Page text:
Brands that sell their products online and directly to consumers — think Harry’s for razors or Allbirds for shoes — have been able to establish major businesses because without physical stores or working with wholesale partners, they’re able to deliver quality products at a reasonable price.
But as Public Goods CEO Morgan Hirsh told Business Insider in a recent interview, one major flaw in the direct-to-consumer model could be that over time, people will become tired of having to buy different products from different brands.
That’s why in 2015 Hirsh co-founded Public Goods — an online marketplace of over 100 products (from paper towels, to toothpaste, to food products like pasta or apple sauce) all touting the Public Goods brand.
“Walmart essentially consolidated mainstream shopping and mom-and pop-shopping,” Hirsh said. “Amazon’s been a consolidation of e-commerce. And so, really what we need to do is be the consolidation of direct-to-consumer.”
Hirsh — who previously ran a leather goods manufacturing company — said that soon after starting Public Goods, he worked with an advisor who had ten years experience at both Trader Joes and Whole Foods. From that key connection, Hirsh said he was able to establish relationships with top manufacturers who met his standards for quality and sustainability. Those manufacturers work with Hirsh and his team to develop new products, which are then packaged under the unified Public Goods brand.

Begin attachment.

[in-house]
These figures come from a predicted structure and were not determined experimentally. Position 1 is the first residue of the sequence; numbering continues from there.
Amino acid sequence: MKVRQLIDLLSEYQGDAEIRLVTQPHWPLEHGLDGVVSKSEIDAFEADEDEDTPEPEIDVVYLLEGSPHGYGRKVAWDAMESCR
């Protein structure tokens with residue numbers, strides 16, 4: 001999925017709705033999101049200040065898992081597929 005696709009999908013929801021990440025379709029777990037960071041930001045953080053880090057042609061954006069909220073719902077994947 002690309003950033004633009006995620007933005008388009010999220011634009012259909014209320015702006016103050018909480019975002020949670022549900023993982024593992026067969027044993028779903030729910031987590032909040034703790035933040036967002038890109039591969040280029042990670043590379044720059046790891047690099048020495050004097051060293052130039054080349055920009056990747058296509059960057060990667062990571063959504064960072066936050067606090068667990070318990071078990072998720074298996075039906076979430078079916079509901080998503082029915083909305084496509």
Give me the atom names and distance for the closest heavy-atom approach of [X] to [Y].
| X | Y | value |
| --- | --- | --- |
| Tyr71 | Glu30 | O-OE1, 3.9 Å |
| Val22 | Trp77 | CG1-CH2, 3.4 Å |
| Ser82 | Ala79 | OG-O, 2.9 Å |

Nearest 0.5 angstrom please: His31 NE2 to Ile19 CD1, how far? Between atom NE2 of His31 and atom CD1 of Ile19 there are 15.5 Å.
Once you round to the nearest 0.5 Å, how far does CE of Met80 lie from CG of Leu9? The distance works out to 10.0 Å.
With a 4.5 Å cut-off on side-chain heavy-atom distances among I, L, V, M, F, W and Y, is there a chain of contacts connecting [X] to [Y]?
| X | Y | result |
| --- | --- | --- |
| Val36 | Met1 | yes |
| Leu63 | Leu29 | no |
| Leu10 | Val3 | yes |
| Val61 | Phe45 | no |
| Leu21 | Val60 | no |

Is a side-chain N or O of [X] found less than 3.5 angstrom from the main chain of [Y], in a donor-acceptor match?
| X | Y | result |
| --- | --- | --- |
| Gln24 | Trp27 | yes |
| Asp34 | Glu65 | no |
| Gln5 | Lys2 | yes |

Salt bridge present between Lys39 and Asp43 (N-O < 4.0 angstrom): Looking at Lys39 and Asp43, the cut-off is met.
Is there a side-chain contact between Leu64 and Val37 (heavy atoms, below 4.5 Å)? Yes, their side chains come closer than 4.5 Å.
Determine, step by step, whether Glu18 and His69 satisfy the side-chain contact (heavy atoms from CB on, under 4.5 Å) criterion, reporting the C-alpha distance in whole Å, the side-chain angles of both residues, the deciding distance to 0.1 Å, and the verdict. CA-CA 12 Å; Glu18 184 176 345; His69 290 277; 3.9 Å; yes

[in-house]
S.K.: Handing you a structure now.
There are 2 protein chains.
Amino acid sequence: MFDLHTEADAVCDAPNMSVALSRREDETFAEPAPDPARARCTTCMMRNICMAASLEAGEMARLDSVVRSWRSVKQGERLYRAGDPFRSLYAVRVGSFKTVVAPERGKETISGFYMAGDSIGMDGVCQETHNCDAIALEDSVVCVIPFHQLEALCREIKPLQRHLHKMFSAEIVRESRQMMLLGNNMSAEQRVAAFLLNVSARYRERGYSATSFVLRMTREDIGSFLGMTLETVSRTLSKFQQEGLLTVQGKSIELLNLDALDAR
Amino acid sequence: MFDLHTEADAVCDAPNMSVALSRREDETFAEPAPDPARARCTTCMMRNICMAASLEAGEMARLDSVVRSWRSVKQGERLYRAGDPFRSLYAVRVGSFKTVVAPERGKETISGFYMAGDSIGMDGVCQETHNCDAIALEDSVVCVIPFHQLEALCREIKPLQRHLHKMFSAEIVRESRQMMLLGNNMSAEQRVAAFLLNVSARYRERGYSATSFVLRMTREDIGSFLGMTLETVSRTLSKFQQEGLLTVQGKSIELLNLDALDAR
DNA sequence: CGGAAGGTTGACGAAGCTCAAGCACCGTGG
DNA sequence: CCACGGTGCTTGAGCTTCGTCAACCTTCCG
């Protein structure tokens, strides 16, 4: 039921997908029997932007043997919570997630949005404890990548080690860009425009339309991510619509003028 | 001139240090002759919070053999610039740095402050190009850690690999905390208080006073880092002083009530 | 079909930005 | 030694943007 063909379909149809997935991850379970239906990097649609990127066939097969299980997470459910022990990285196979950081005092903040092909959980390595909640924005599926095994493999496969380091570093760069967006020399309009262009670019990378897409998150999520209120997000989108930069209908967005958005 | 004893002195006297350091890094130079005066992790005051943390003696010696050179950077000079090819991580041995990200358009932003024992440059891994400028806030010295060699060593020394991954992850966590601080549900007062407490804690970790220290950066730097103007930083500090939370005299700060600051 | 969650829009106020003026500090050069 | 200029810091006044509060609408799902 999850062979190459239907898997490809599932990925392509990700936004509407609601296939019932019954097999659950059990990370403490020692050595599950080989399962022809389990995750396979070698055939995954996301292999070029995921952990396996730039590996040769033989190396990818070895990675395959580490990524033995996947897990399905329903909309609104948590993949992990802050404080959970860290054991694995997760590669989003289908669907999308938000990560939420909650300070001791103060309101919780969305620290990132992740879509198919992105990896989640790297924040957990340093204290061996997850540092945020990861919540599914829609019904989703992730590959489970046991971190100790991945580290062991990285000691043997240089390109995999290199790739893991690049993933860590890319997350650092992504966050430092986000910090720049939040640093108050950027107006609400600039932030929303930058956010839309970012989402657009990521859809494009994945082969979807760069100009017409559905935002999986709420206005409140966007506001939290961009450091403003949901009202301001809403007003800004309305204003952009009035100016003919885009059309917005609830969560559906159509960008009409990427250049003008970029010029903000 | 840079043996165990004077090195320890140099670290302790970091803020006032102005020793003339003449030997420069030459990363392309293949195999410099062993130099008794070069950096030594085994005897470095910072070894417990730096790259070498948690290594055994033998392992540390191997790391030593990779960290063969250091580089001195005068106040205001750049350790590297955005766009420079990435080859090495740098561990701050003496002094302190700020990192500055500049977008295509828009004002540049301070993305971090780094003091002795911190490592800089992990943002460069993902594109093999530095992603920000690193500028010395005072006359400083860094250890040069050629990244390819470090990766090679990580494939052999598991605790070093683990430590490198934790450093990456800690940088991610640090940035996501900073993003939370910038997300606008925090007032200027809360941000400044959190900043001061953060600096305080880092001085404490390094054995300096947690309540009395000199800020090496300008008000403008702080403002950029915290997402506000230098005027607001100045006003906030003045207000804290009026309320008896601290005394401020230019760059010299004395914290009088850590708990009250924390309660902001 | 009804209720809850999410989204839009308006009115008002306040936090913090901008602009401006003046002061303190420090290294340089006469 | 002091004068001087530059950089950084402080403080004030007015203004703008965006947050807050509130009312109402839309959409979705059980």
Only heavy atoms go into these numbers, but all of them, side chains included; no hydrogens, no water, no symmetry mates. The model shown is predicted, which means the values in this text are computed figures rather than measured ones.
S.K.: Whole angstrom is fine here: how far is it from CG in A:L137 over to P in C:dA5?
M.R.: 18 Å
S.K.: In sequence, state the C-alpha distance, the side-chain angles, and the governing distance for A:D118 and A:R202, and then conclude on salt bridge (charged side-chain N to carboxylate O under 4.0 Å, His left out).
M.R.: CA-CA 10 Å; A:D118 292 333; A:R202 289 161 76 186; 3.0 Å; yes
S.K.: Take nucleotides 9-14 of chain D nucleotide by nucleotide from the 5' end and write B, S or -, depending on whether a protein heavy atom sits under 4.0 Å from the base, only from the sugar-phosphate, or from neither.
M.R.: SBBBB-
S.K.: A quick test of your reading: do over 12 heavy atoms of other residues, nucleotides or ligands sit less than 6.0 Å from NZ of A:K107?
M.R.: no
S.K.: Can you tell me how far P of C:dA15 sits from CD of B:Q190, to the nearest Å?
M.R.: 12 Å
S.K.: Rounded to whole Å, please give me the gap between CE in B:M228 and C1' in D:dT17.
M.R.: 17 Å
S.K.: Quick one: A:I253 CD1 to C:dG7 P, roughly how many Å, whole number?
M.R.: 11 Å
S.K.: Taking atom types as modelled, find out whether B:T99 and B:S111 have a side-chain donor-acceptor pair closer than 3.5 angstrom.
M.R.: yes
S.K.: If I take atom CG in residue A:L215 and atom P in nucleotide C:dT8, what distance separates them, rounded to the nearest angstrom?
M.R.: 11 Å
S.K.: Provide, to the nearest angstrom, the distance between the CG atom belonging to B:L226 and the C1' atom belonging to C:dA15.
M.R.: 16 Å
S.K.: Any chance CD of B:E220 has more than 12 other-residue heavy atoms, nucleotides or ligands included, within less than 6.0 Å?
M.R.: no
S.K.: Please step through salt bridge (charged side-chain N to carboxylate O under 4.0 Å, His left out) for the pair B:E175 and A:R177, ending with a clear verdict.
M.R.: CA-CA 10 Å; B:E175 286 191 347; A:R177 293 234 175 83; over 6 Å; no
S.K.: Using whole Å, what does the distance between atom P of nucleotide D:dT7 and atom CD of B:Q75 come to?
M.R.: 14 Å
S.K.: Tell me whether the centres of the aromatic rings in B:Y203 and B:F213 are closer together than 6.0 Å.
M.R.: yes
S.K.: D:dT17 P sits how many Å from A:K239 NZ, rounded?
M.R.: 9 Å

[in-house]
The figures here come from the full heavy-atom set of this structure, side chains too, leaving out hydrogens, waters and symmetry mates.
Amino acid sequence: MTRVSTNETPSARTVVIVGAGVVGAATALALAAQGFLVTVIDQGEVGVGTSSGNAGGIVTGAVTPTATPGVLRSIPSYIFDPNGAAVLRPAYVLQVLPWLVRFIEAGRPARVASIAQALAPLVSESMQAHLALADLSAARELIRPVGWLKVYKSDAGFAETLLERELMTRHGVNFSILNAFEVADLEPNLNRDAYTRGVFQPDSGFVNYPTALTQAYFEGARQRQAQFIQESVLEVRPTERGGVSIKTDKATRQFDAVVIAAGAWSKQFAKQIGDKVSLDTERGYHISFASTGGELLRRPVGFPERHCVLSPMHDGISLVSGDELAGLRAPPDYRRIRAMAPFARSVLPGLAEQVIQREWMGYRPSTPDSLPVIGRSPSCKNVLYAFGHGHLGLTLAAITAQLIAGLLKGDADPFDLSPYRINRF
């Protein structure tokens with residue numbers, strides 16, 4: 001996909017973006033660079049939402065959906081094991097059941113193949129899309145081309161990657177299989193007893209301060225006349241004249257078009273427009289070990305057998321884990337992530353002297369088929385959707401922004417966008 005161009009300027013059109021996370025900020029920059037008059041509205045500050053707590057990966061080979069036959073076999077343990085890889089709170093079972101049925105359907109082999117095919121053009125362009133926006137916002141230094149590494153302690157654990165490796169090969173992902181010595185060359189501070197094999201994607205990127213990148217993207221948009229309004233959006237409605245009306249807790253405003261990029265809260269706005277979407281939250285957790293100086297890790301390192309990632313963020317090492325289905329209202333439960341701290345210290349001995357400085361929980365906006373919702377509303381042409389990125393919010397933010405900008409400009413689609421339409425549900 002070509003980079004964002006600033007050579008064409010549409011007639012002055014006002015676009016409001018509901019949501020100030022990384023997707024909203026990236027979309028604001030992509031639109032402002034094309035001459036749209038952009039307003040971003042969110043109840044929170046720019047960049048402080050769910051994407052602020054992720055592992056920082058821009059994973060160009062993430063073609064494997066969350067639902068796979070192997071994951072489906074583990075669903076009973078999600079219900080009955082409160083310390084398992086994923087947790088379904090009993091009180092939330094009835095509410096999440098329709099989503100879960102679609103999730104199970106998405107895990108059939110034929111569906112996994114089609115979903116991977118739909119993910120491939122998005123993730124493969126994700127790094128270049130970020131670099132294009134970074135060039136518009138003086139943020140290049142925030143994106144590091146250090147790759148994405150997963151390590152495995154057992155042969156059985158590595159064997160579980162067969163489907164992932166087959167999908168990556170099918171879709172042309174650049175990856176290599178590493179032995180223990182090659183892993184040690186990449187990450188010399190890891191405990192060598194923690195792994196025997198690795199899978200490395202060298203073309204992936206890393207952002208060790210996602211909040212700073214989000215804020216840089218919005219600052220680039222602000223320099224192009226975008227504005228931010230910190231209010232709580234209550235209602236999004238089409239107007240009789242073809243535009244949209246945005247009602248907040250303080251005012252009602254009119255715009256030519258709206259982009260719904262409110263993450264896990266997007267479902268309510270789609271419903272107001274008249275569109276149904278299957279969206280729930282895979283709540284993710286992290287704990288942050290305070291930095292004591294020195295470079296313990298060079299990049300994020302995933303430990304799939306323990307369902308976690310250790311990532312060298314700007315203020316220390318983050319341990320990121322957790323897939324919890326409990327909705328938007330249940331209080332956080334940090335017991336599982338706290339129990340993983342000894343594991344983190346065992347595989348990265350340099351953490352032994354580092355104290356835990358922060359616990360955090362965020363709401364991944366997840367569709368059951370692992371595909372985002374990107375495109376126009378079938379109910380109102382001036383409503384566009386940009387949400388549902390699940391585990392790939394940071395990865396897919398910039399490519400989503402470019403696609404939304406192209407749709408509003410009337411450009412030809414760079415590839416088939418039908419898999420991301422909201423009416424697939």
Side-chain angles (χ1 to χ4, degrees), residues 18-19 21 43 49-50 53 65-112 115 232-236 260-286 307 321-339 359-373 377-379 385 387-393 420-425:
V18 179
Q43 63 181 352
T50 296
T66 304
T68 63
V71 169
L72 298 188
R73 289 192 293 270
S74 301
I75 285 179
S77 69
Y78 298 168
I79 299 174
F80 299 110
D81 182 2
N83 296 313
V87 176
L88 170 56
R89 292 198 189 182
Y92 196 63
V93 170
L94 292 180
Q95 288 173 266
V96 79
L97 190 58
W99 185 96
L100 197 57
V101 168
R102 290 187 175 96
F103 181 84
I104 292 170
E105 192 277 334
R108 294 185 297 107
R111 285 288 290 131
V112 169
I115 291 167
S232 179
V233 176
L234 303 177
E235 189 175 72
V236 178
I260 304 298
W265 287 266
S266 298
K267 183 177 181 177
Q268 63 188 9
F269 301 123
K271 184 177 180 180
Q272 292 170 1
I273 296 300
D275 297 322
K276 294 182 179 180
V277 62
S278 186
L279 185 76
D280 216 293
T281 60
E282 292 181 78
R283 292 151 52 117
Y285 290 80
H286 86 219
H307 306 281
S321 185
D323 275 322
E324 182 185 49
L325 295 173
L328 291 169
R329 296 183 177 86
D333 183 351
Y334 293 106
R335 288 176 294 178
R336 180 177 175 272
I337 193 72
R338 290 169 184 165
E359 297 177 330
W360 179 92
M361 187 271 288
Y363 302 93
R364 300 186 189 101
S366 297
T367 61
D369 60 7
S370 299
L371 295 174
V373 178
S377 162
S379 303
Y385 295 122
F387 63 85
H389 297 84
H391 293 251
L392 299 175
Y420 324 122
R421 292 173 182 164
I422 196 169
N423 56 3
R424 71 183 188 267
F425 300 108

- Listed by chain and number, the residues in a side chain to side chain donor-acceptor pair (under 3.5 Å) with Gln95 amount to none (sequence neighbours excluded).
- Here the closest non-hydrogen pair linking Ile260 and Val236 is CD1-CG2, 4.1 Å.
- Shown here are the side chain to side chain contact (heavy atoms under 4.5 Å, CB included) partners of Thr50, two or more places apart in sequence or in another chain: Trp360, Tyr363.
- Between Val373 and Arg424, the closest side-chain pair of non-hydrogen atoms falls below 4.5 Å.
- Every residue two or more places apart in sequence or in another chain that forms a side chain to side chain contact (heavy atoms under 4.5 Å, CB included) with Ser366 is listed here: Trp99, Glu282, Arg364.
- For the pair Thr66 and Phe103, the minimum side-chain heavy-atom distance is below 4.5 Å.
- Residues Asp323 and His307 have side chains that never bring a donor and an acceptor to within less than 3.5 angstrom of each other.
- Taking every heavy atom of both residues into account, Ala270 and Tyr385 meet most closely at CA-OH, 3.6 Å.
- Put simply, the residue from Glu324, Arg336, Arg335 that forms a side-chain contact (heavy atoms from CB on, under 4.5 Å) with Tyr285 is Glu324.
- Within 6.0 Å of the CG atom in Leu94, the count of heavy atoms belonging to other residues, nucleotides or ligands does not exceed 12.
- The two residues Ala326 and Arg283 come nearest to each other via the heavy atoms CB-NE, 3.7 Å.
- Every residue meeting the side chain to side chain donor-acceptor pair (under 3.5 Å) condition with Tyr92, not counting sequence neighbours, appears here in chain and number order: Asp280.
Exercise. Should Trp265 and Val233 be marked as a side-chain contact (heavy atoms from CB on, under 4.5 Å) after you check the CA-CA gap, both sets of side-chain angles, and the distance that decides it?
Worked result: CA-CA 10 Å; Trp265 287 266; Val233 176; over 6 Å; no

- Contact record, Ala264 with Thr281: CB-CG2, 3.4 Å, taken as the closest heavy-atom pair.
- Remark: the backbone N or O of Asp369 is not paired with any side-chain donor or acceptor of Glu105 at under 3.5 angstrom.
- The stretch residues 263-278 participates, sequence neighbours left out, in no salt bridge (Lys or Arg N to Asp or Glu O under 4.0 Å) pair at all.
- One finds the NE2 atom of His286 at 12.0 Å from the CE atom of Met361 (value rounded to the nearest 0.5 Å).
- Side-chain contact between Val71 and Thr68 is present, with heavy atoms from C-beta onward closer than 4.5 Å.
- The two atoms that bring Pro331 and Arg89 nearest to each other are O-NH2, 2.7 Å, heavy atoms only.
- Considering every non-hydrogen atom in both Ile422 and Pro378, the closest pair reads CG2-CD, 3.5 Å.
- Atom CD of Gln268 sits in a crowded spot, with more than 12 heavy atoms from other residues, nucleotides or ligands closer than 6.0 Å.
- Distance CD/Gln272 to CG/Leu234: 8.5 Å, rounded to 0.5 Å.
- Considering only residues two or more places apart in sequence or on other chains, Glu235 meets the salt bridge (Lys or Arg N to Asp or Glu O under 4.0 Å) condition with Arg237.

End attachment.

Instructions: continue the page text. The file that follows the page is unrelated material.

Today, the Public Goods lineup includes personal care, household, and food categories, but over time, Hirsh says he plans to expand the offering even further.
Read more: Here are the pitch decks that helped hot startups raise millions
As for where Public Good’s customers — who pay a $59 per year membership fee — are located, Hirsh says they aren’t concentrated on the coastlines or in major cities across the US, but rather, they’re more likely from secondary cities or suburbs. Many are moms looking for an easy, affordable, and eco-friendly options for their children, Hirsh tells us.
“It’s not like your cool, New York City, San Francisco, LA brand,” he said. “It’s for practical people that want to buy healthy products, but don’t want to pay ridiculous prices for them.”
To date, Hirsh and his New York City-based team have raised $6 million from seed round investments to help fund their vision for creating the direct-to-consumer marketplace for everything.
But Public Goods isn’t the only company to believe in this industry shift. One of its biggest competitors, Brandless, has raised almost $300 million to date.
Still, Hirsh remains confident that a value driven company and product lineup will attract a loyal following regardless of the competition.
“The idea has always been the same — to build a one-shop-stop for essential items that people need across categories guided by our values, and their values,” Hirsh said. “We’re building products that are healthy, sustainable, and beautiful, but all at a fair price.”
Here’s the pitch deck that has helped Public Goods raise millions: